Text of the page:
Excessive T cell depletion of peripheral blood stem cells has an adverse effect upon outcome following allogeneic stem cell transplantation.
Chakraverty R., Robinson S., Peggs K., Kottaridis PD., Watts MJ., Ings SJ., Hale G., Waldmann H., Linch DC., Goldstone AH., Mackinnon S.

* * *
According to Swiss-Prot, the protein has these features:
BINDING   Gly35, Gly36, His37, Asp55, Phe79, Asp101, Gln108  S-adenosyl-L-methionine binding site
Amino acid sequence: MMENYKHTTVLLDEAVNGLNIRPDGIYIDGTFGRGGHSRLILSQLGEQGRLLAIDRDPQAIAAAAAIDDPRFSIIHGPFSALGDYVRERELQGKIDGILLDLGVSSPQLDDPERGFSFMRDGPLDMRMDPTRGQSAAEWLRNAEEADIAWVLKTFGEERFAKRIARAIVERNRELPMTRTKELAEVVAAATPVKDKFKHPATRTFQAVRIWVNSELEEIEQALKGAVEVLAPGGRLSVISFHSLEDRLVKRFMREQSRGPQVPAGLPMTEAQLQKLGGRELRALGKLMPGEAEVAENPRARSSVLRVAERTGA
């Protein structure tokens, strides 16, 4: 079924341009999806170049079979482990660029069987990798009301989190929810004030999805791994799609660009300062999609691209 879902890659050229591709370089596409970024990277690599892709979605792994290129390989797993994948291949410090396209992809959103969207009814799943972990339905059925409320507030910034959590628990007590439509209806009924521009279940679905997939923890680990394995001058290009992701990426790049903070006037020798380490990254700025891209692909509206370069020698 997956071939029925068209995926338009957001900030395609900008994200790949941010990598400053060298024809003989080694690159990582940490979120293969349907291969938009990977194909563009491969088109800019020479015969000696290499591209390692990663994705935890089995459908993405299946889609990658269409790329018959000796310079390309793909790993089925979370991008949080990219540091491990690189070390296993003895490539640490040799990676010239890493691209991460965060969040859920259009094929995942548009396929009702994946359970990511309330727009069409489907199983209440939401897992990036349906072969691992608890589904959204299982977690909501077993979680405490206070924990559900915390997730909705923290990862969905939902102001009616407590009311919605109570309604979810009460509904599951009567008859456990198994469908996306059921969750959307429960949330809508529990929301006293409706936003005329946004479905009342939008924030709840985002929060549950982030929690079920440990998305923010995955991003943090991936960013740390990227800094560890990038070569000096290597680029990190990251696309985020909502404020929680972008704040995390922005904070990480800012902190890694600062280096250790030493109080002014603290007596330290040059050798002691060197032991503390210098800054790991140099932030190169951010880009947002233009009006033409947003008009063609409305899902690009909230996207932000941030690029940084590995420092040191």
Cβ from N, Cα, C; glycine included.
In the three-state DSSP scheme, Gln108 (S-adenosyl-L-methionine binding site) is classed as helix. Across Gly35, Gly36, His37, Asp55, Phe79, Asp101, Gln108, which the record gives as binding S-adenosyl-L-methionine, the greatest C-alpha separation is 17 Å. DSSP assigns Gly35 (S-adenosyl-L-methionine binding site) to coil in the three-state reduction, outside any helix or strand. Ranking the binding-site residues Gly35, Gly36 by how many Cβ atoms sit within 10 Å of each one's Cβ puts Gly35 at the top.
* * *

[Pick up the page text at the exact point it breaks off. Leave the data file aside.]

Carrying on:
We evaluated the outcome of two modes of T cell depletion for HLA-identical sibling stem cell transplants in 34 consecutive adult patients: group A (n = 11) received PBSC post CliniMACs immuno-magnetic enrichment of CD34(+) cells and group B (n = 23) received bone marrow following in vitro incubation with CAMPATH-1M and complement. All patients received an identical conditioning regimen which consisted of in vivoCAMPATH-1H 20 mg over 5 days, thiotepa 10 mg/kg, cyclophosphamide 120 mg/kg and 14.4 Gy TBI. No additional graft-versus-host disease prophylaxis was given. The mean T cell dose administered was 0.02 +/- 0.05 x 10(6)/kg for group A and 2.8 +/- 2.8 10(6)/kg for group B (P < 0.001). With a median follow-up of 28 months overall survival was 36.4% for group A at 12 months compared to 78.3% for group B (P = 0.001). Transplant-related mortality in group A at 12 months was 63.6% as compared to 18.0% in group B (P = 0.003). Most of the procedure-related deaths in group A occurred secondary to infection. These results suggest that extensive in vitro T cell depletion of peripheral blood stem cells in combination with in vivo T cell depletion may have profound effects upon the incidence of infections following allogeneic stem cell transplantation and this may adversely effect transplant-related mortality.